National report card rates states' safety policies for high school athletes

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IMAGE: Douglas Casa, professor of kinesiology, speaks at a session on high school athlete safety in Florida.

Image credit: 
Korey Stringer Institute

In the two years since the Korey Stringer Institute (KSI) first assessed all 50 states and the District of Columbia on key health and safety policies for high school athletes, 31 states have adopted new policies -- 16 this year alone.

With more than 7.8 million high school students participating in sanctioned sports each year, the need for comprehensive safety policies and training is critical. Adopting evidence-based safety measures significantly reduces risks, says Douglas Casa, professor of kinesiology and the CEO of KSI at the University of Connecticut.

Now in its third iteration, the annual state-by-state review takes into account the extent to which they met a series of evidence-based best practice guidelines. It is believed to be the only comprehensive assessment of high school sports and safety policies, rating states on implementing important safety guidelines intended to protect student athletes from heat stroke, sudden cardiac arrest, and other potentially life-threatening conditions that may be prevented.

After the original study was released, in 2017, safety advocates and KSI launched a national health and safety campaign, working with state officials and representatives to create new policies and practices to protect student athletes. Now in its third year, the review reflects a wave of improvements since it was introduced.

"We are excited to see so many positive health and safety policy changes for high school athletes across the nation," says Casa. "Many key advocates in states have made strides to push the envelope and make sports safer for those kids - and we are so grateful for their efforts."

New Jersey now leads the nation in safety for student athletes as determined by the adoption of the most health and safety policies. Following New Jersey are Massachusetts, North Carolina, Kentucky, and Georgia, in that order. Three of those states -- North Carolina, Kentucky, and Massachusetts -- have had the best high school sport safety programs in the country since the study was first launched.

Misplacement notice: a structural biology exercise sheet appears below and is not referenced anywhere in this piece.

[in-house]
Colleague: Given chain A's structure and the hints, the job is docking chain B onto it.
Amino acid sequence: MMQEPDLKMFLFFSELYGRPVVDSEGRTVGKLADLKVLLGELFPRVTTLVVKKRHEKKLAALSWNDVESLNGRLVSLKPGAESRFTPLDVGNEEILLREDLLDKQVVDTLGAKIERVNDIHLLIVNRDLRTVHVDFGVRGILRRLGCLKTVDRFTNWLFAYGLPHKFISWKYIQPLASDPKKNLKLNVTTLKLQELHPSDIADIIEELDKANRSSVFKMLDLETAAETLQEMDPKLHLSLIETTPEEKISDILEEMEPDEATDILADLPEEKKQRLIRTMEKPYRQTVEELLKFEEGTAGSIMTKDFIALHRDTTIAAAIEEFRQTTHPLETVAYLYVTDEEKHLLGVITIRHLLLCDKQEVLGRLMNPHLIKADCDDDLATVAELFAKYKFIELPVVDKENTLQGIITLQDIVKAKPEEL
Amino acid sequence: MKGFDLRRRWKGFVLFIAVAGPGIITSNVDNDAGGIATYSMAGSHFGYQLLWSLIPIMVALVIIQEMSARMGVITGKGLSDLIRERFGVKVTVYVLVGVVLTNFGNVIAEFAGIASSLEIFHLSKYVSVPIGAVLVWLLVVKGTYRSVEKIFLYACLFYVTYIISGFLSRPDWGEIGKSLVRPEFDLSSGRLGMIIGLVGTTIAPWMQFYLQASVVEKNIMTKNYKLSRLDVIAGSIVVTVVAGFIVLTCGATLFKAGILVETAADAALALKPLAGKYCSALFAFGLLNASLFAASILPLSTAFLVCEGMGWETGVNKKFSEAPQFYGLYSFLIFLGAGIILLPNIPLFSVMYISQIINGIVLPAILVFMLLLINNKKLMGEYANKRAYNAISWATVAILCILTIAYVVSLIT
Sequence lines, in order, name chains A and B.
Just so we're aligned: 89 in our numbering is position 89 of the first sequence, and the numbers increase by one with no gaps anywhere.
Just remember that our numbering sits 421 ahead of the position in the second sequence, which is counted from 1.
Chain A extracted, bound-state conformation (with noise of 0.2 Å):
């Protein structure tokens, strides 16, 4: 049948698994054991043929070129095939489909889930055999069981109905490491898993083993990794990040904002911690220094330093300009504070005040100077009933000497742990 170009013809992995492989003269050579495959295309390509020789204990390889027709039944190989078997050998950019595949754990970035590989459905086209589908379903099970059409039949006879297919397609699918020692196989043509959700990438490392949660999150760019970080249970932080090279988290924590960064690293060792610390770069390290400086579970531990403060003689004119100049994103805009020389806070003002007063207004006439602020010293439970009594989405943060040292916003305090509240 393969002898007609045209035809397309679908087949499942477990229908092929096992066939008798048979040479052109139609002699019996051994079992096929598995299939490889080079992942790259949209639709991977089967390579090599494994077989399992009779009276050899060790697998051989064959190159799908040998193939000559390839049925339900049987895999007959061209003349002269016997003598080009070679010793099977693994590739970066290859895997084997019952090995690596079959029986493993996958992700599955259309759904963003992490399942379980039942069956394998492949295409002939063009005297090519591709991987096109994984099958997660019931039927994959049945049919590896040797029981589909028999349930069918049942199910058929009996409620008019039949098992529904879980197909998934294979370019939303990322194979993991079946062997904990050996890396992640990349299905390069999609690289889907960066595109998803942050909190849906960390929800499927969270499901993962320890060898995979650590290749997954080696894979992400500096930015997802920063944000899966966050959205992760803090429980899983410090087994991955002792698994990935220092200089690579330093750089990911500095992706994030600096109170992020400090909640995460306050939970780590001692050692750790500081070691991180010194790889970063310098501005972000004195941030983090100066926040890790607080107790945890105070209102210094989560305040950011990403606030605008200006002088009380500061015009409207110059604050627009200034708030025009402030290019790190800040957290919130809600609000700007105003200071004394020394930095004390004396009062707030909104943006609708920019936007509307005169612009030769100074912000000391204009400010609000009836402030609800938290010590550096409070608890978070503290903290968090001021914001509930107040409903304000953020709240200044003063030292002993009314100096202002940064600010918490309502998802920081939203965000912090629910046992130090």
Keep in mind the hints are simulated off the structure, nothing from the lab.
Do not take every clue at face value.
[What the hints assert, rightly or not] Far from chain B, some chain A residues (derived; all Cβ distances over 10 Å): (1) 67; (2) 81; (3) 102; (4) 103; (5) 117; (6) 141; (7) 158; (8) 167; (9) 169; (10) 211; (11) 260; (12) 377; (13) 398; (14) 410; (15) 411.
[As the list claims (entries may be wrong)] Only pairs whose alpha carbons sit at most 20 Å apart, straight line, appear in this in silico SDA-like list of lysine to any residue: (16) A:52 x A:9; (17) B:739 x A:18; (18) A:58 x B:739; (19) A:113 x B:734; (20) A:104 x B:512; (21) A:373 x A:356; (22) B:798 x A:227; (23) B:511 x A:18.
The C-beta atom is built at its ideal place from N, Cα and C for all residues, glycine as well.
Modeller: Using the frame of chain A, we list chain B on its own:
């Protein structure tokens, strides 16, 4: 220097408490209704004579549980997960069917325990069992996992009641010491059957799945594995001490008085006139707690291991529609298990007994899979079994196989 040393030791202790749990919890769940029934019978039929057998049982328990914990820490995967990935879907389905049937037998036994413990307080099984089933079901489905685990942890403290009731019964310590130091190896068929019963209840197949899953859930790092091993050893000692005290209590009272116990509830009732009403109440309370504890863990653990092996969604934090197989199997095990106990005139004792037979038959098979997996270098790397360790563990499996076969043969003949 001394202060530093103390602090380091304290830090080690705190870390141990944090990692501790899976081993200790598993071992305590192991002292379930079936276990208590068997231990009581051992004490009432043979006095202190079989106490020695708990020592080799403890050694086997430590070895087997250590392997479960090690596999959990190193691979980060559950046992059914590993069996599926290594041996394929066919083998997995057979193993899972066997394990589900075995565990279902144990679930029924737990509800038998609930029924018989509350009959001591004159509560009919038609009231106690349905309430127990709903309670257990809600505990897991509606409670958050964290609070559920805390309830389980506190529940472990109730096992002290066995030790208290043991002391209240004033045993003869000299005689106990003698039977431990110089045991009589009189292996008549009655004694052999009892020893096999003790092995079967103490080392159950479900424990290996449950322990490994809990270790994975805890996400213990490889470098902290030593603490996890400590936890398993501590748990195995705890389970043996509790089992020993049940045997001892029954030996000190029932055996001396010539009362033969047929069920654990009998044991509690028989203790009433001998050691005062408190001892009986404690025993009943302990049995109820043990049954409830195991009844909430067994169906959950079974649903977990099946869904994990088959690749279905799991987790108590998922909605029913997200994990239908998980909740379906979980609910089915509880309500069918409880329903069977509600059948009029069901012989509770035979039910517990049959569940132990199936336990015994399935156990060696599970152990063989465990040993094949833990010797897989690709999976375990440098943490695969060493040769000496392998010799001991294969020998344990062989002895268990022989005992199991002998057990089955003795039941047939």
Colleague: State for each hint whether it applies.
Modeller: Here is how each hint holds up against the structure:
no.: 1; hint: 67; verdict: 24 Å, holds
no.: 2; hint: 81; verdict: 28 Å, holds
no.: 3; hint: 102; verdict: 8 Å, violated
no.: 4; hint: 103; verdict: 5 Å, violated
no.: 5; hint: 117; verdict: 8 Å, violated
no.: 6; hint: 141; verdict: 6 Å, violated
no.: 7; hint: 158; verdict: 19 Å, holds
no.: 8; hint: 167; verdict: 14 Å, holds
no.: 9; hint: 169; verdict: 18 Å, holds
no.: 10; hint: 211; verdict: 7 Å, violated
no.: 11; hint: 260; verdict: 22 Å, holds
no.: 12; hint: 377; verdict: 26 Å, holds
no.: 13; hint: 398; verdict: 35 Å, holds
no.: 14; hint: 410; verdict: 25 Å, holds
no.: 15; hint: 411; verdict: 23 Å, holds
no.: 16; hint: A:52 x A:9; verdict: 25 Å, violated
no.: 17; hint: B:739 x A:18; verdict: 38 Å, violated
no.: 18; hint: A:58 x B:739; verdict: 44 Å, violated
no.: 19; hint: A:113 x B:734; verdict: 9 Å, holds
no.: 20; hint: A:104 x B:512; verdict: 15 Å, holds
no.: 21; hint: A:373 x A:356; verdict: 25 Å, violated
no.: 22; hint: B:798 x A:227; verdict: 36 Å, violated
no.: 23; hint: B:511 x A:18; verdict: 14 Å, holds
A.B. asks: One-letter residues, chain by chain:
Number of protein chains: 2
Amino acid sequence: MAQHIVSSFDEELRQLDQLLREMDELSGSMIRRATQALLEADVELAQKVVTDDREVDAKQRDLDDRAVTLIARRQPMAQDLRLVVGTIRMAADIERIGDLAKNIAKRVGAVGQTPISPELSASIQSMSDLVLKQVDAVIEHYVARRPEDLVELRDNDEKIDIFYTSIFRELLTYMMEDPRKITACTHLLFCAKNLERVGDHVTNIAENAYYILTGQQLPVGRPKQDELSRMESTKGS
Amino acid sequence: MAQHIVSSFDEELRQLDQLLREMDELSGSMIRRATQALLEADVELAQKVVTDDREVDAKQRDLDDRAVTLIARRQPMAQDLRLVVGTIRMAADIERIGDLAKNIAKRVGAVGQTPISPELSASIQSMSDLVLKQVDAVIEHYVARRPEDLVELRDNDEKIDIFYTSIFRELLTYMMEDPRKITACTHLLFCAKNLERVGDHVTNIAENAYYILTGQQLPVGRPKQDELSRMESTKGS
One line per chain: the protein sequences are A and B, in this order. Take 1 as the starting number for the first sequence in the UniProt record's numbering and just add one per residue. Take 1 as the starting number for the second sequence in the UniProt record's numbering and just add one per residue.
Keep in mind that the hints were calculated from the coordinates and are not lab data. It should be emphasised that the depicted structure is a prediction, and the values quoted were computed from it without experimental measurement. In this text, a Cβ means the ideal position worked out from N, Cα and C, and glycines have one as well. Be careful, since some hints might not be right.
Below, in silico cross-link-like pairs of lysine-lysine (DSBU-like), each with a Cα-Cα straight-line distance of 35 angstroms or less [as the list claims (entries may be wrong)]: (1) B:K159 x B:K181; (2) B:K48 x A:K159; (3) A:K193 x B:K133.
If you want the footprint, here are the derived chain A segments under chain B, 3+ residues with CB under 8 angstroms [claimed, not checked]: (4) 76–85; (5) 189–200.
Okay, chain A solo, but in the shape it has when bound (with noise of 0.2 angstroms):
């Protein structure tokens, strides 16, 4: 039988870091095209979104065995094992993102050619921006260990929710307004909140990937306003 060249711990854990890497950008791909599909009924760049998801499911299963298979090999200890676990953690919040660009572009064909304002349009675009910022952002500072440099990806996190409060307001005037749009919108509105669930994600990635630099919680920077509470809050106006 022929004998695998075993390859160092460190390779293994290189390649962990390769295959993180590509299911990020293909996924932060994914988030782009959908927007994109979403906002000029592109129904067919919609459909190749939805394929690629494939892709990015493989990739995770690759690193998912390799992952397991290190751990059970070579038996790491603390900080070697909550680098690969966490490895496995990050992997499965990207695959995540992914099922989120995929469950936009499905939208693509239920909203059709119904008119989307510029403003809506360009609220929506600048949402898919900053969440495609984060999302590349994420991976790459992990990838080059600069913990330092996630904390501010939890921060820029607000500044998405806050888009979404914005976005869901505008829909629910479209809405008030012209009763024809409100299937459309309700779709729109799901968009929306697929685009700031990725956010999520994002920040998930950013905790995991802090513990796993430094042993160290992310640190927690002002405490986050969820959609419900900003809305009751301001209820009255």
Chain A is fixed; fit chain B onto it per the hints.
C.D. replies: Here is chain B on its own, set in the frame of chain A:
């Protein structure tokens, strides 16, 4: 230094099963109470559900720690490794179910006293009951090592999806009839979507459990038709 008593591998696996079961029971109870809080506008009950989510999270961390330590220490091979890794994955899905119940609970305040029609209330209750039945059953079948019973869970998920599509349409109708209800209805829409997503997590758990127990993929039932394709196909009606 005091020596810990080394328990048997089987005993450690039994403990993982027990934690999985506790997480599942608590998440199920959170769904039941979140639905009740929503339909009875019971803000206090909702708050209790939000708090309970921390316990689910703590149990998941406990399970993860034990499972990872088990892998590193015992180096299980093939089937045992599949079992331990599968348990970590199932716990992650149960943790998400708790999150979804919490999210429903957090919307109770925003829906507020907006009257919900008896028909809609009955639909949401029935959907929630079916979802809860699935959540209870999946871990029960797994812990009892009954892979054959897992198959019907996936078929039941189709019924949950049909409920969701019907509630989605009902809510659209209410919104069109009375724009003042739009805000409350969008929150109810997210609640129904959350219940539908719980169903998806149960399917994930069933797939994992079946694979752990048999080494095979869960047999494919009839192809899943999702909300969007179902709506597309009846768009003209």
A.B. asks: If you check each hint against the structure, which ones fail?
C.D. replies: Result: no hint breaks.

Massachusetts is among the many states this year that newly required the use of wet-bulb globe temperature for monitoring the environment during heat waves. That technology offers a comprehensive measure to aid in determining the environmental stress placed on an athlete. Schools in Massachusetts are now required to measure the environment and to make modifications to their activity based on the readings.

"The student athletes deserve these standards and I am happy to see them in place," says John Jardine, Massachusetts Interscholastic Athletic Association (MIAA) sports medicine advisory committee member. "It is exciting that the MIAA has made these strides to implement environmental monitoring policies."

Georgia's policy changes include the requirement of CPR/AED training for all coaches, emergency action plan standards and the mantra "cool first, transport second" for exertional heat stroke treatment. Bud Cooper, a member of the sports medicine advisory committee for the Georgia High School Association says, the association "has been proactive in providing guidance and comprehensive policies that ensure student-athletes are provided the safest environment for participation."

Additional states that adopted important new safety policies over the past year include Utah, Oregon, West Virginia and Colorado. Among those:

Oregon, Colorado and West Virginia now require athletic trainers to be licensed to practice in the state.

New Jersey and Massachusetts both improved their environmental monitoring policies and require their member schools to use wet bulb globe temperature as a measurement of environmental stress placed on athletes.

Utah improved its safety measures by requiring cold water immersion and coaching education in sudden death.

KSI is a national sports safety research and advocacy organization named after a former Minnesota Vikings offensive lineman who died from exertional heat stroke in 2001. The mission of the KSI is to provide research, education, advocacy and consultation to maximize performance, optimize safety and prevent sudden death for the athlete, warfighter and laborer.

Casa notes, "we still have much work to do to get all states to comply with the 2013 best practices recommendations to prevent sudden death in secondary school athletics."

Credit: 
University of Connecticut